On the off-chance that there may have been a written entry (such as a bio) in a book or other publication, go to Google’s home page, select the “books” option, and type in the name with quotation marks. I’ve found a lot of information this way.

When coming forward from a past relative, obits can be a great resource – especially if your family leans towards men (sons) or people who live longer lives (so daughters are listed by married name).

The 1940 census will be released in April 2012. I’m hoping that will help me, because I’m in the same position as you are.

Do you know the towns where they moved to? Most non-tiny towns had city directories through most of the 20th century with names and addresses of all the residents. A few local libraries have scanned these and put them online, most haven’t, but I’m willing to bet the local history section of the library still has the volumes on a shelf. You’d either have to call and see if a librarian will do the look up for you or make the visit yourself.

If they were farmers out in the country, they might not have fallen under the scope of the local directories though, depending on how thorough they were.

That’s not a done deal yet. We can hope.

Have you tried the Social Security Death Index?

I have but the problem I’m running into is that the names are so common it would be like sorting through 3,000 John Smiths. For instance, with my grandfather’s brother, there are more than 100 people with his name, born in the same state in the same year, on the index. I’m having the same issue with his sister and parents.

It turns out that my dad has a box of my grandfather’s stuff in the basement that I’m going to go through this weekend. Hopefully there’s something in there that will help.

NOW I’m frustrated. I went through and added every record I could confirm for my grandfather’s siblings on hoping that it would pull up a hint. It didn’t. Then I went to view the profile for his sister and saw a button for “Member Connect.” I clicked it and got this message:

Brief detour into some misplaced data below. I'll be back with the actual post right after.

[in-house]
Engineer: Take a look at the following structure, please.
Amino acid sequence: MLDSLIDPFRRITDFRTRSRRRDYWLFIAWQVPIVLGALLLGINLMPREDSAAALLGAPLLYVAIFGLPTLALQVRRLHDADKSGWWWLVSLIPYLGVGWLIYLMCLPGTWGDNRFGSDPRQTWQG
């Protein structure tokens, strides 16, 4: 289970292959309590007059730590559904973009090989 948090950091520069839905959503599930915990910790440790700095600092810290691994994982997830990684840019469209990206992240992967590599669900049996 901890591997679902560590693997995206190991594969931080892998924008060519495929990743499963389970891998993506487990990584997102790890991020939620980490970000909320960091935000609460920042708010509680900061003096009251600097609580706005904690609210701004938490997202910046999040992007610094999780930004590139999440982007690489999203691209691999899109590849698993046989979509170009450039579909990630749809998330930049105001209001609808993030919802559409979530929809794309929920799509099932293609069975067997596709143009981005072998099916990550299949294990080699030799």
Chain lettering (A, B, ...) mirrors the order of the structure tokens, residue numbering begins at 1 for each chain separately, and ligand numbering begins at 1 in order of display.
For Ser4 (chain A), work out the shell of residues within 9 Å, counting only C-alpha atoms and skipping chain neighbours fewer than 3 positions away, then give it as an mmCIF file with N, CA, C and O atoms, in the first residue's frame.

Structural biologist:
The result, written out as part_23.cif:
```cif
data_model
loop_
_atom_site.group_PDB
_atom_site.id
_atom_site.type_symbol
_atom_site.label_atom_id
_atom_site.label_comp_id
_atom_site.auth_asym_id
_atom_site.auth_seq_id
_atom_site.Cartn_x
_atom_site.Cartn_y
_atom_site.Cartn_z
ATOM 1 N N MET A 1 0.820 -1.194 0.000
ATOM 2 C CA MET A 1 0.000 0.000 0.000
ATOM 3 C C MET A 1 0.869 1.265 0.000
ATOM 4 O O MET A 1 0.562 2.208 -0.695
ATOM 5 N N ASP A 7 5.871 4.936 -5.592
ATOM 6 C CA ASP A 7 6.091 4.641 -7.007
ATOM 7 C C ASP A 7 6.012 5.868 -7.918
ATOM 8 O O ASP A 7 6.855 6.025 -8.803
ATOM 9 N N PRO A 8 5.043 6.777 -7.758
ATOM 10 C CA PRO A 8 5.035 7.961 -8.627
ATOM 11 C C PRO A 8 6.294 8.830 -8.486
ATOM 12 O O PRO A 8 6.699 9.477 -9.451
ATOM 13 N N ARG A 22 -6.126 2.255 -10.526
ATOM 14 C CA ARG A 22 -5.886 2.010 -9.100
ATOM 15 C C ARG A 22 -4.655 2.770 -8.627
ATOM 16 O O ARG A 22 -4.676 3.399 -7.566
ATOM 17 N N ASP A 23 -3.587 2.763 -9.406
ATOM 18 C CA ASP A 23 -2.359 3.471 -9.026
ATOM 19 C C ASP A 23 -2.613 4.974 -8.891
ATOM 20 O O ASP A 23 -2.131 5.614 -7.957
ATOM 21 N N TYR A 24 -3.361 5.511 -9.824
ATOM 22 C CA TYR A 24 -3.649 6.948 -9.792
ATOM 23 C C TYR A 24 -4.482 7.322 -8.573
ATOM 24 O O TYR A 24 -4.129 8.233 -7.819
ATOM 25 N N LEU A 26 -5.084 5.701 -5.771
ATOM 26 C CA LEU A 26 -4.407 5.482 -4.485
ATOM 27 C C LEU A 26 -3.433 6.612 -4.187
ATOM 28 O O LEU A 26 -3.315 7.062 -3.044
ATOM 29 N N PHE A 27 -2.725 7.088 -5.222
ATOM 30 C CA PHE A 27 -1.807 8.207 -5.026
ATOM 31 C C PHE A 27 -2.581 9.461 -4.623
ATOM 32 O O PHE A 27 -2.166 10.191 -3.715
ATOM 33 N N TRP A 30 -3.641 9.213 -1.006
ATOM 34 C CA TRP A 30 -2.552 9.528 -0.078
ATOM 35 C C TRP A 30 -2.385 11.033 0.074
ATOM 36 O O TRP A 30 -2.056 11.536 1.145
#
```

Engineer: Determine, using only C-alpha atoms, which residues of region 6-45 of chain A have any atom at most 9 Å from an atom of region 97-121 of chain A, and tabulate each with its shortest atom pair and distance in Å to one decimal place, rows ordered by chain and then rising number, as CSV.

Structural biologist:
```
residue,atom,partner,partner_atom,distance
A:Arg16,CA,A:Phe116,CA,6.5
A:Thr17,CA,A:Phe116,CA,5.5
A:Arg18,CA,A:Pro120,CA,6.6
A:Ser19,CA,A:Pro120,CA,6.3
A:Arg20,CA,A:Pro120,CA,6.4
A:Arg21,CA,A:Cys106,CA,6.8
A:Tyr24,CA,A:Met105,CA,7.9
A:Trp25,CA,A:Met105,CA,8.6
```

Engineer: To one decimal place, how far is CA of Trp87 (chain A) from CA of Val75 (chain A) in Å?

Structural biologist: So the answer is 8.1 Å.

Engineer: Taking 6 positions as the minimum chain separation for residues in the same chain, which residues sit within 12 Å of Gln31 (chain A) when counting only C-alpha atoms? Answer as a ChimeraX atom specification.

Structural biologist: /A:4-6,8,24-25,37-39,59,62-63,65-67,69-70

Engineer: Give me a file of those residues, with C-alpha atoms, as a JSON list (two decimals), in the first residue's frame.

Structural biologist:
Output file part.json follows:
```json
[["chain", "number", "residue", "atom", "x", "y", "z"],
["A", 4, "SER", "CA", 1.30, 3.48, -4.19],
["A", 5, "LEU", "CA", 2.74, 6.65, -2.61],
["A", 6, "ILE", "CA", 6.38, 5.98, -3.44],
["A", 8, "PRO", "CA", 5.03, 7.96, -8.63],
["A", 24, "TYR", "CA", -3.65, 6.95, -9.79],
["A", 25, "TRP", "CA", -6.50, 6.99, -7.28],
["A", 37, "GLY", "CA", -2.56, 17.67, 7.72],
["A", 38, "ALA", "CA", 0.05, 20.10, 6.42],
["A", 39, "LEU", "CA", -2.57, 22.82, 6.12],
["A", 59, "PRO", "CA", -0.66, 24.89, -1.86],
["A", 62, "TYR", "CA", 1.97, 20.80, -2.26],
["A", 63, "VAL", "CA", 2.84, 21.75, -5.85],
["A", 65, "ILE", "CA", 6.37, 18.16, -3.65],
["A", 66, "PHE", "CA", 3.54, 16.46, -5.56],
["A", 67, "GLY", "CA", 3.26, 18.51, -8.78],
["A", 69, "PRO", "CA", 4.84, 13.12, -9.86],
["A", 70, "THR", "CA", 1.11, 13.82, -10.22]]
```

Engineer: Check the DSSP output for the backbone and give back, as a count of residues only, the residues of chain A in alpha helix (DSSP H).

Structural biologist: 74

If she was alive she would be 92. I feel like I’m so close!

But that “Member Connect” implies that she, or someone researching her, is a member. Doesn’t it give you an option to send an e-mail through You wouldn’t know the person’s identity, so his/her privacy would be protected, and he could choose not to answer, but you never know! I haven’t had this option but my husband has found people this way.

Aside from city directories there are WWII Military records. If he served in WWII, or was merely drafted, there is likely an available record.

Like another poster said, the Social Security Death Indexes might help.

California deaths, 1940-1997, is at

I have lots of genealogy subscriptions. If you can’t find him in SSDI or CA deaths, PM the info to me I’ll be glad to see if I can find him.

As a longshot, you might try If you search in west coast states, you might find something. Volunteers visit cemeteries and enter tombstone info on the website.

Go back to Ancestry. If your great-aunt has a profile, someone put it there. You have the option to contact the person who posted it. You can send and receive messages through Ancestry. You may find some information.